I've sailed many years without a dodger
. for a long time I never thought anything of it. As I got older and comfort in the elements got higher on the scale, a dodger became something to think about. I built a hard one on one boat, as I didn't have the money
to hire someone to build one. I built it our of glass and wood with plexiglass windows. I made it removable to cut windage in case of hurricanes, altho i never needed to do so. I got another boat without one and missed it immensely. Not long after that I got a sewing machine
and a tubing bender and built one. Ahhh.
I noticed that the extra added windage gave me a little more weather helm
, but that was negligible, as I wasn't racing
. and I can fold it down if need be. Yes it does cut down on visibility fwd and I do have to be a little flexible when transiting the companionway
. I have to be a little more active,,,ie...stepping to the side for a view fwd to see the headsail trim or see my path immediately fwd of the boat, in close quarters or stretch a little to see over top. My body thanks me by being a little less stiff. I've had 14 broken bones through my life and the less active I am, the more they let me know which ones were broken.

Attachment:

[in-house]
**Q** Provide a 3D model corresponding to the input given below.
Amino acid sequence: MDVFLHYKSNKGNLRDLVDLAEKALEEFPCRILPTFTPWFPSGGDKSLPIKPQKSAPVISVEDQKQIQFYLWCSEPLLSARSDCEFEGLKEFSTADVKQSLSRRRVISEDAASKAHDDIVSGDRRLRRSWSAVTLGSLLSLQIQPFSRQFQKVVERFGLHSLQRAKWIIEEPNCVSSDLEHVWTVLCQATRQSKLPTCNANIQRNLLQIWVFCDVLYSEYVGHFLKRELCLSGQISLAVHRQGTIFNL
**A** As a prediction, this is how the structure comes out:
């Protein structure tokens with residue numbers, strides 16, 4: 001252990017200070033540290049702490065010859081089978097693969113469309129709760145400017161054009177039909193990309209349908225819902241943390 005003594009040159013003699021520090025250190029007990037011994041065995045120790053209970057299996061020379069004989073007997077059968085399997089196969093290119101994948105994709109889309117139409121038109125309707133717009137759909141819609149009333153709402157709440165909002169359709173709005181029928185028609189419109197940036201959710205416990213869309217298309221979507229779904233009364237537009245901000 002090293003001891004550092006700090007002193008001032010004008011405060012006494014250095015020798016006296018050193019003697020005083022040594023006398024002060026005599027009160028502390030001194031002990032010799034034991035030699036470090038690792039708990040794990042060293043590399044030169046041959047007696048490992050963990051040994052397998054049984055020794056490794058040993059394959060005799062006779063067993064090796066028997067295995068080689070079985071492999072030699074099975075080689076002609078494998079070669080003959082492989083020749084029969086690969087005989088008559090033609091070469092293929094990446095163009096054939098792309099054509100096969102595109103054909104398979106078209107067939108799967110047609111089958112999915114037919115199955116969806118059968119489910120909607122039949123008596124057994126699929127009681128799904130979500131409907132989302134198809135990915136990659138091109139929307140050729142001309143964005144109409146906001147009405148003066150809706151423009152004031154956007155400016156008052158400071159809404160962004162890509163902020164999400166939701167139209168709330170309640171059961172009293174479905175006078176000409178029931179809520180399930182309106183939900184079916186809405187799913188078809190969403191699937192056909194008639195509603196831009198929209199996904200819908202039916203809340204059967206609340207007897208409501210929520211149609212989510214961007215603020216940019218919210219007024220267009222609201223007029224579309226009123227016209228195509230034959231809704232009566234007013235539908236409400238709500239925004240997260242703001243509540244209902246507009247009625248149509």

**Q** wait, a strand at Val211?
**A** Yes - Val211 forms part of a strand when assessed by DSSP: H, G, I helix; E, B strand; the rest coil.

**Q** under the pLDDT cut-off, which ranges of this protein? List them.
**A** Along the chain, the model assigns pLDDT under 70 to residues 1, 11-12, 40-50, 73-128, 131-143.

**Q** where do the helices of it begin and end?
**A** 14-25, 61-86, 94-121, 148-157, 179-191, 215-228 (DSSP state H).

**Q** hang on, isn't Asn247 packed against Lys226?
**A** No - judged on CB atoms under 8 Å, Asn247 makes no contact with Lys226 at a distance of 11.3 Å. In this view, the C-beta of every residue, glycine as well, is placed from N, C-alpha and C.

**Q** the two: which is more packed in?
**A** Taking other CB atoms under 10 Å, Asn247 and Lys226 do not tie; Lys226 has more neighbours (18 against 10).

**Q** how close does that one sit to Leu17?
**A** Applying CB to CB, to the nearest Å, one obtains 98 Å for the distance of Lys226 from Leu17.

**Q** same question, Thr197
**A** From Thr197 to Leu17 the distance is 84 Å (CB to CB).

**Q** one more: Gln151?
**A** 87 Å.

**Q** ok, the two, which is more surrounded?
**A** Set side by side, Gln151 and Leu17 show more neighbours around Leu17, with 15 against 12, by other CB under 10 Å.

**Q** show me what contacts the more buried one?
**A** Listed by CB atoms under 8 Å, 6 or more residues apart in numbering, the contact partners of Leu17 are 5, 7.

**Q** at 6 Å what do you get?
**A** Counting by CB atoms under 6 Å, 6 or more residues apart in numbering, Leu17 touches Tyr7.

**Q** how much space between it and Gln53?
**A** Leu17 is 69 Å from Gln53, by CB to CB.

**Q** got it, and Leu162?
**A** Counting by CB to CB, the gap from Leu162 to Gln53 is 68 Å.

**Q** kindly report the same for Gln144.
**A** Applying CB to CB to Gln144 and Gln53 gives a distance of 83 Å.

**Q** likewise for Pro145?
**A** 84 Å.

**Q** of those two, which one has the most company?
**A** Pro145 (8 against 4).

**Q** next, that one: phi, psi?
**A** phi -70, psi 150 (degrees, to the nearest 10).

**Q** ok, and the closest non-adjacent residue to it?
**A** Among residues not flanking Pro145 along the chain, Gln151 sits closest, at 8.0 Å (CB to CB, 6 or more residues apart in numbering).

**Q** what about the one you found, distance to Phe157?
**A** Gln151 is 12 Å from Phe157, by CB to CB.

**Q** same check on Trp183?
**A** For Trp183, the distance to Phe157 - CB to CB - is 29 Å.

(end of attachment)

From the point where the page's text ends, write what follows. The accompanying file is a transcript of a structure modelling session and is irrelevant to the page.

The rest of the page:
all the things mentioned above, in previous posts are why I prefer one, also, when at anchor
I can leave the companionway
open in the rain. With the durrades it helps the air flow to keep the cabin
It's your choice and I can only give you my experience. But if you have a partner/crew. they may thank you when they are sitting on watch on a wet night and that would make them more companionable. ;-) A happy crew is a well functioning ship.
PEACE LUV & HAPPINESS